*In which you learn how a rotation matrix is structured.*

Earlier you saw that rotation around the z-axis could be expressed with these dot products:

$$ \begin{aligned} p'_x &= \begin{bmatrix}\cos a & -\sin a & 0\end{bmatrix} \cdot \mathbf{p} \\ p'_y &= \begin{bmatrix}\sin a & \cos a & 0\end{bmatrix} \cdot \mathbf{p} \\ p'_z &= \begin{bmatrix}0 & 0 & 1\end{bmatrix} \cdot \mathbf{p} \end{aligned} $$

As with translation and scaling, you add a 0 to the vectors to cancel the homogeneous coordinate of \(\mathbf{p}\), and you also add a fourth dot product to produce the homogeneous coordinate of \(\mathbf{p'}\).

All four dot products will be evaluated simultaneously when you assemble the vectors into this matrix:

\begin{aligned} \begin{bmatrix} \cos a & -\sin a & 0 & 0 \\ \sin a & \cos a & 0 & 0 \\ 0 & 0 & 1 & 0 \\ 0 & 0 & 0 & 1 \end{bmatrix} \end{aligned}

Rotating around the z-axis now becomes a matrix-vector multiplication, just like translation and scaling:

\begin{aligned} \begin{bmatrix}p'_x \\ p'_y \\ p'_z \\ 1\end{bmatrix} &= \begin{bmatrix} \cos a & -\sin a & 0 & 0 \\ \sin a & \cos a & 0 & 0 \\ 0 & 0 & 1 & 0 \\ 0 & 0 & 0 & 1 \end{bmatrix} \times \begin{bmatrix}p_x \\ p_y \\ p_z \\ 1\end{bmatrix} \\ \end{aligned}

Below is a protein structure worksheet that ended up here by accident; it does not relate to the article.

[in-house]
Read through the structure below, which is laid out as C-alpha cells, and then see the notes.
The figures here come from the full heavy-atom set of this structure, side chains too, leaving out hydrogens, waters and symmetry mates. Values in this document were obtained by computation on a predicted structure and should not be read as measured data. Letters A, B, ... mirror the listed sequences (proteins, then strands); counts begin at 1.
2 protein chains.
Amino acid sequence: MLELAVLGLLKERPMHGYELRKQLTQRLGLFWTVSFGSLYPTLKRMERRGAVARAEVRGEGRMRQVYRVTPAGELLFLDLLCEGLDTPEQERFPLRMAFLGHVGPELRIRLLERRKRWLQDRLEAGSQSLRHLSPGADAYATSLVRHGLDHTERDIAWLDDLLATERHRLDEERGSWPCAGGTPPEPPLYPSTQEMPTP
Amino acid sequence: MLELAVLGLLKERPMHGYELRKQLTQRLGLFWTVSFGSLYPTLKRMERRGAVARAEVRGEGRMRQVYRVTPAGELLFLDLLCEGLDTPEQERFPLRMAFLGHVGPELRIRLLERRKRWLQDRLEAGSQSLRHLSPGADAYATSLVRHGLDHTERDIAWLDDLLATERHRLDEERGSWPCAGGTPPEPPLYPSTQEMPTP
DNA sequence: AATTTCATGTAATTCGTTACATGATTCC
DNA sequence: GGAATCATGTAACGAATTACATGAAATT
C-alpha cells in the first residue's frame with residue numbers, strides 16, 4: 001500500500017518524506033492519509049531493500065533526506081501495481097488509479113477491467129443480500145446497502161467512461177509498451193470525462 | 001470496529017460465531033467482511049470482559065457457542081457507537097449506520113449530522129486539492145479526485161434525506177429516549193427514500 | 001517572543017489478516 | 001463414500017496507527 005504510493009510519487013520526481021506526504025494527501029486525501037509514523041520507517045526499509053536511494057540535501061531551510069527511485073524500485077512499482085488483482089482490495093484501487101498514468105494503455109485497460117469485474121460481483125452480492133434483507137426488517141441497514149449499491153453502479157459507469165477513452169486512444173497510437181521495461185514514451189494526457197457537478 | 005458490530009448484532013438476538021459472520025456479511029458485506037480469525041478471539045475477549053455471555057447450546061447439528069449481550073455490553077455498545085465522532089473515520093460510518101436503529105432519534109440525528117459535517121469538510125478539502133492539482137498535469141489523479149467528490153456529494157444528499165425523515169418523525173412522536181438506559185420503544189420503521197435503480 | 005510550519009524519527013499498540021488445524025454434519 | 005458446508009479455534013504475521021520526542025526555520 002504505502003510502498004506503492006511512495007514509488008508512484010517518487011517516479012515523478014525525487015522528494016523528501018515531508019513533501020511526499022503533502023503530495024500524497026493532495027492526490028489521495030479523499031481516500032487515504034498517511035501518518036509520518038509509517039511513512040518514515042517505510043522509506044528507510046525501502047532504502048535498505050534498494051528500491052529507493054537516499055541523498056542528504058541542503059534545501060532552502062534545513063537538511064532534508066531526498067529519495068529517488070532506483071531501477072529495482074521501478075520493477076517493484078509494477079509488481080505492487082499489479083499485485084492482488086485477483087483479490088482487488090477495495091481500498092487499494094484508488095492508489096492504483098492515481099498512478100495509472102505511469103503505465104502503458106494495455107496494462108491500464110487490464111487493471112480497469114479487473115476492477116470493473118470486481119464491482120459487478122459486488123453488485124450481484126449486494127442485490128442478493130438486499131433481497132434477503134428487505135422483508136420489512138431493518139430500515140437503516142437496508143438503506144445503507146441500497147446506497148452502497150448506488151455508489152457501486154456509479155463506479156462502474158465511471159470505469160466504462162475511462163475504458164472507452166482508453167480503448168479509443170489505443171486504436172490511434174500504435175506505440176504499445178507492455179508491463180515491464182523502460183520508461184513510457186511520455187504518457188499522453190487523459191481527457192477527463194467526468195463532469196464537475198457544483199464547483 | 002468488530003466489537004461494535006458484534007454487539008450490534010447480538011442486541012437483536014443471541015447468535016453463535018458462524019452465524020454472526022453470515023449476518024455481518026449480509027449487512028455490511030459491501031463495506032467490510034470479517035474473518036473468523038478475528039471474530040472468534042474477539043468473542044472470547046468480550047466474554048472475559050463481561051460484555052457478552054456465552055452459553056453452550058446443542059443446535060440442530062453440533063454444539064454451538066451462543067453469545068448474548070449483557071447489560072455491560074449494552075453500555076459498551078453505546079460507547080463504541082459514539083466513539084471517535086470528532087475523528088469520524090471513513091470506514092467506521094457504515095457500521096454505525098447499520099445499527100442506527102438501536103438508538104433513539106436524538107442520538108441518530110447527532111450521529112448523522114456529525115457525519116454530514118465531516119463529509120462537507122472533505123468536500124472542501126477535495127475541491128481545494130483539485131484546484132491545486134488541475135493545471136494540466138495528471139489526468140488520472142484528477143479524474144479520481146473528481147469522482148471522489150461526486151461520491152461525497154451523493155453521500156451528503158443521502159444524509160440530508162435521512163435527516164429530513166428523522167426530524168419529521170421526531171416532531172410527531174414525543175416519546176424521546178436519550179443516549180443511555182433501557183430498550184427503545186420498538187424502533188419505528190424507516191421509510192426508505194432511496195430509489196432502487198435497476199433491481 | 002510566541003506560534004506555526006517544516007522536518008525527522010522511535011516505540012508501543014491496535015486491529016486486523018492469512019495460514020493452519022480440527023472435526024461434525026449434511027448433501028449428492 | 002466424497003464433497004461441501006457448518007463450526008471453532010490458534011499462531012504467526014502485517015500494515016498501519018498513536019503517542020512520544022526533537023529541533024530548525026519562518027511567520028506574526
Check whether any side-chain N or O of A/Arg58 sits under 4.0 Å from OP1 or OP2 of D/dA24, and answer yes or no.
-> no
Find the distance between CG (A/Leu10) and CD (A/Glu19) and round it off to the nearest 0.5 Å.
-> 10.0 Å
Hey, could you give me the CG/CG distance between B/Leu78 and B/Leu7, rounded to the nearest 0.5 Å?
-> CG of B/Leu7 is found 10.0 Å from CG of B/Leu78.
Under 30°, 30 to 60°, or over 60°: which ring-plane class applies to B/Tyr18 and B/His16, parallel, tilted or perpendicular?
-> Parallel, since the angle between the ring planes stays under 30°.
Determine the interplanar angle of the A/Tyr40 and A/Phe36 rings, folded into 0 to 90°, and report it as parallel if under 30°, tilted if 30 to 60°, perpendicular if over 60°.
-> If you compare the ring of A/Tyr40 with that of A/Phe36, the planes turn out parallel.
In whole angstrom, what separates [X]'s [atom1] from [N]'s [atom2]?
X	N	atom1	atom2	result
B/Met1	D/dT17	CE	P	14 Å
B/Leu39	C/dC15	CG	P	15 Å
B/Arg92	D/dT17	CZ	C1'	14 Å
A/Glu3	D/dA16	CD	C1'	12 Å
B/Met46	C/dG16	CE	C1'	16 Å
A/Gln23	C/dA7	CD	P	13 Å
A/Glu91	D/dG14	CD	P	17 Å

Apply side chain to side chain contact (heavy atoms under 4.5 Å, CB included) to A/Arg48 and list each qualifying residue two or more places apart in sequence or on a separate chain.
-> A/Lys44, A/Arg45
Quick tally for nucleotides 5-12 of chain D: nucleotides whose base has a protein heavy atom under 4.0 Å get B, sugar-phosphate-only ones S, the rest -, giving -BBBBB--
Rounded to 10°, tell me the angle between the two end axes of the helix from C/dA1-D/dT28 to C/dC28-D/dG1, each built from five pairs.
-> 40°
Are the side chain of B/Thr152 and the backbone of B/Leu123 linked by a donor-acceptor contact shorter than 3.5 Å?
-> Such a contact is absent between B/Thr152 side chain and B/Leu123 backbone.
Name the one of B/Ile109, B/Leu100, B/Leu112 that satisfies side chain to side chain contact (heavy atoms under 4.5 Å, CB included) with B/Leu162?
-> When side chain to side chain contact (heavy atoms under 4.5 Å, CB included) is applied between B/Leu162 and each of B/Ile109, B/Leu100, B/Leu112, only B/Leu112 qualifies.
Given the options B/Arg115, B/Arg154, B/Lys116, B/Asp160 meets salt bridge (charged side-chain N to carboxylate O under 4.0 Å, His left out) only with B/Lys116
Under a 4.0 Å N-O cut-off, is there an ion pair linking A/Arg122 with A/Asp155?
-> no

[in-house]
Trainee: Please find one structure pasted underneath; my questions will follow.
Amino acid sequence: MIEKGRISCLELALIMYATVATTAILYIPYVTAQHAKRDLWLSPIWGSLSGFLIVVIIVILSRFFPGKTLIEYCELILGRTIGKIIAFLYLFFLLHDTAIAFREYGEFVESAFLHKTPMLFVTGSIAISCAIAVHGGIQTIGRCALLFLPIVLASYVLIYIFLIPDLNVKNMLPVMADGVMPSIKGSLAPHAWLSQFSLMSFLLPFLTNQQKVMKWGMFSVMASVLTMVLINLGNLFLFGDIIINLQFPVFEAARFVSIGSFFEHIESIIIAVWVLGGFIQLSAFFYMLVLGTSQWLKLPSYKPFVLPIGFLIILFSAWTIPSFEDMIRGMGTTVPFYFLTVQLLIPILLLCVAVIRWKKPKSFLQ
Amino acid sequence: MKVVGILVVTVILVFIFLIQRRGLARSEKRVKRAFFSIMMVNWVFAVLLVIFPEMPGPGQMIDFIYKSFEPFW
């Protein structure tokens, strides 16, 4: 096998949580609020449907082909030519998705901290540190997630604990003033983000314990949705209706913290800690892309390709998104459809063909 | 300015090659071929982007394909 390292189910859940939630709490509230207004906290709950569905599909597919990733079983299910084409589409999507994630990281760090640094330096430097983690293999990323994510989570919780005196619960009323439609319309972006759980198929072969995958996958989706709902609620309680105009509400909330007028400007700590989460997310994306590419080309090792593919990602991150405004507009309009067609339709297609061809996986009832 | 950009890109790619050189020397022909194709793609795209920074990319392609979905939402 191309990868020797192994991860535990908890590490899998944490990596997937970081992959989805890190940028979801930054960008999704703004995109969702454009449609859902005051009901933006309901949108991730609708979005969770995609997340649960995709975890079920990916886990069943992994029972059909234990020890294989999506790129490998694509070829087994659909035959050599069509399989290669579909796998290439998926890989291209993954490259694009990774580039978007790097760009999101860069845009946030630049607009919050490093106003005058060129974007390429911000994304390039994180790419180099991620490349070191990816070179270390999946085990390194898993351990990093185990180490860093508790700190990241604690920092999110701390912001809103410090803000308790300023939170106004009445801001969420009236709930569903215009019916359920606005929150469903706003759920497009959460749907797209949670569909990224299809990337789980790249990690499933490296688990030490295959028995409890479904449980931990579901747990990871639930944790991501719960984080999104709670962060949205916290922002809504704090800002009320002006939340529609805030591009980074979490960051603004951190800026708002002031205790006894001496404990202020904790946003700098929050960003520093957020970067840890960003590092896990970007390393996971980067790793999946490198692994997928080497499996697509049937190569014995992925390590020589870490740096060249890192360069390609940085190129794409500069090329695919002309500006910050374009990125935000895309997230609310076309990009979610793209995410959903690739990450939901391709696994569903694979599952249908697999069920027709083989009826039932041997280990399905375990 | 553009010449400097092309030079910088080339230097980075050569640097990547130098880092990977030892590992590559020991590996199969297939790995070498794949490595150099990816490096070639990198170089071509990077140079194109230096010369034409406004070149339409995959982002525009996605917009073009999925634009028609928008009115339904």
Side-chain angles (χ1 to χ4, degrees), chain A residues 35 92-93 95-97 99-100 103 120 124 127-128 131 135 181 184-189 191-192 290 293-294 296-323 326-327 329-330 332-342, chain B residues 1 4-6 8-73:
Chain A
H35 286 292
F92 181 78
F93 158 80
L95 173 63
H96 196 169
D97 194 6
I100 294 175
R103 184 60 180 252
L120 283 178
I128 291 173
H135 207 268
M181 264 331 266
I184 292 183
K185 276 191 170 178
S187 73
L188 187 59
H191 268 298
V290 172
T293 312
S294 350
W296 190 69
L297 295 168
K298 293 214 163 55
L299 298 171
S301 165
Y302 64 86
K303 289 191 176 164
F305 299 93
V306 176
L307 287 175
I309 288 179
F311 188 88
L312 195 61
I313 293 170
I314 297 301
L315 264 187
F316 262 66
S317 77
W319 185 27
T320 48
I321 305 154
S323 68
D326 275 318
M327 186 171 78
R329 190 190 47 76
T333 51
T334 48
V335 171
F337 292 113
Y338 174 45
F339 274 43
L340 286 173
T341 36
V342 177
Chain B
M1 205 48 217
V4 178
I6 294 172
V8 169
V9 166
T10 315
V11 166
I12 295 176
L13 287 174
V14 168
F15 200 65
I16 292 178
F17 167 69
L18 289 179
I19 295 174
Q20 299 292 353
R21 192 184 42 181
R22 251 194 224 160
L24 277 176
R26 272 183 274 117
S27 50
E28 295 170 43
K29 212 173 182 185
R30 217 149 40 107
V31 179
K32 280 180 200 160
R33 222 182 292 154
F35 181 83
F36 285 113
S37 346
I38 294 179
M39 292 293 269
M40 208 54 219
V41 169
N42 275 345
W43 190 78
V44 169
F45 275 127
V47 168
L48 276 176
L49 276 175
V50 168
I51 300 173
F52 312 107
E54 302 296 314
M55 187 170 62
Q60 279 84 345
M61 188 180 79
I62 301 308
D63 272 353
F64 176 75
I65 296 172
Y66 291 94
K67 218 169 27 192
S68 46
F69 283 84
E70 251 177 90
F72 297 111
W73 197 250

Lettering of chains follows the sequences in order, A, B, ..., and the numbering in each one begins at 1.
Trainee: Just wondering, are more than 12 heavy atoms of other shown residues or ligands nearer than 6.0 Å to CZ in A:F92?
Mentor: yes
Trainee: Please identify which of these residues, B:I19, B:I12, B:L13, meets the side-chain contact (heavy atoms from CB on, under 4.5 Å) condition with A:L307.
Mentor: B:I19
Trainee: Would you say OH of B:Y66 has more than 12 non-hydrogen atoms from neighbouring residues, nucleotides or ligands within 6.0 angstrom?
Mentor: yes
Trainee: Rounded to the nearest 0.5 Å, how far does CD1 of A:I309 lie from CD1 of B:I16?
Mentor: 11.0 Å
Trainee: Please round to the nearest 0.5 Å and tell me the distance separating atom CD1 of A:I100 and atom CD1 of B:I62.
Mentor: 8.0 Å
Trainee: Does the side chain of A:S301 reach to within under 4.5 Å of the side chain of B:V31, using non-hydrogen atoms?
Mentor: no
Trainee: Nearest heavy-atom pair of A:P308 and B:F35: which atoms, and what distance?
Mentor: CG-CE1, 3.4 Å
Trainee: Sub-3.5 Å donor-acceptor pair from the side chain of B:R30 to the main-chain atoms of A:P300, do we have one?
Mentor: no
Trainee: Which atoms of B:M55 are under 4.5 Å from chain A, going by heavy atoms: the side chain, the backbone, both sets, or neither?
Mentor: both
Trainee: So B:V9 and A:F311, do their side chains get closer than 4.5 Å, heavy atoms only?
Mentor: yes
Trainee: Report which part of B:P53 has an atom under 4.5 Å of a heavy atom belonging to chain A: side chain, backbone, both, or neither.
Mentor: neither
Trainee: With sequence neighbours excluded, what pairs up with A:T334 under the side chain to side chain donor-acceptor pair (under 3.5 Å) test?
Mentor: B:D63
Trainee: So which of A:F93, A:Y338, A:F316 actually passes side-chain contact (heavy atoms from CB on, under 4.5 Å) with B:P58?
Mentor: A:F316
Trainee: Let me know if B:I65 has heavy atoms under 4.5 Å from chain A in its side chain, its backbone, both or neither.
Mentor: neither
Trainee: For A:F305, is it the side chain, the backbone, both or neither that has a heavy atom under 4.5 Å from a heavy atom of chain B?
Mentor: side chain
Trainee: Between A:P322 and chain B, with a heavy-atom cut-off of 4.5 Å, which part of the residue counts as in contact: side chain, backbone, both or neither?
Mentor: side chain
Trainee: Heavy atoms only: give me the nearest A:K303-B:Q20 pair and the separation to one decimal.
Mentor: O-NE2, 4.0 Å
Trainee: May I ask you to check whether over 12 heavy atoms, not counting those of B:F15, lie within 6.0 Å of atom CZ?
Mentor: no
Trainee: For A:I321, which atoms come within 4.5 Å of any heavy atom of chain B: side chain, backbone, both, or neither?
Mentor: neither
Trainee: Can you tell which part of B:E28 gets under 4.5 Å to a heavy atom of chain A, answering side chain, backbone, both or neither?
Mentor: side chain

Rotating around the z-axis is the only kind of rotation you care about when are operating in just two dimensions. However, when you move into the third dimension, you have many more axes around which you may rotate.

Suppose you want to rotate around the x-axis. The matrix is very similar to the one for rotating around the z-axis:

\begin{aligned} \begin{bmatrix} 1 & 0 & 0 & 0 \\ 0 & \cos a & -\sin a & 0 \\ 0 & \sin a & \cos a & 0 \\ 0 & 0 & 0 & 1 \end{bmatrix} \end{aligned}

The matrix for rotating around the y-axis is also similar:

\begin{aligned} \begin{bmatrix} \cos a & 0 & -\sin a & 0 \\ 0 & 1 & 0 & 0 \\ \sin a & 0 & \cos a & 0 \\ 0 & 0 & 0 & 1 \end{bmatrix} \end{aligned}

Notice how the sines and cosines follow the same rectangular arrangement in all three matrices. That's because they are constructed using the same polar coordinate logic you applied for rotating around z. The only difference is that you are looking at the problem from a different axis.

In each matrix, one row serves as the identity. When rotating around one of the cardinal axes, only two of the coordinates change:

- When rotating an object around the z-axis, its z-coordinates never change. The matrix's third row is the vector \(\begin{bmatrix}0&0&1&0\end{bmatrix}\). Dotting this with \(\mathbf{p}\) yields \(p_z\).
- When rotating an object around the y-axis, its y-coordinates never change. The matrix's second row is the vector \(\begin{bmatrix}0&1&0&0\end{bmatrix}\). Dotting this with \(\mathbf{p}\) yields \(p_y\).
- When rotating an object around the x-axis, its x-coordinates never change. The matrix's first row is the vector \(\begin{bmatrix}1&0&0&0\end{bmatrix}\). Dotting this with \(\mathbf{p}\) yields \(p_x\).

You can also rotate around non-cardinal axes. That's a more complex operation that you'll get to later.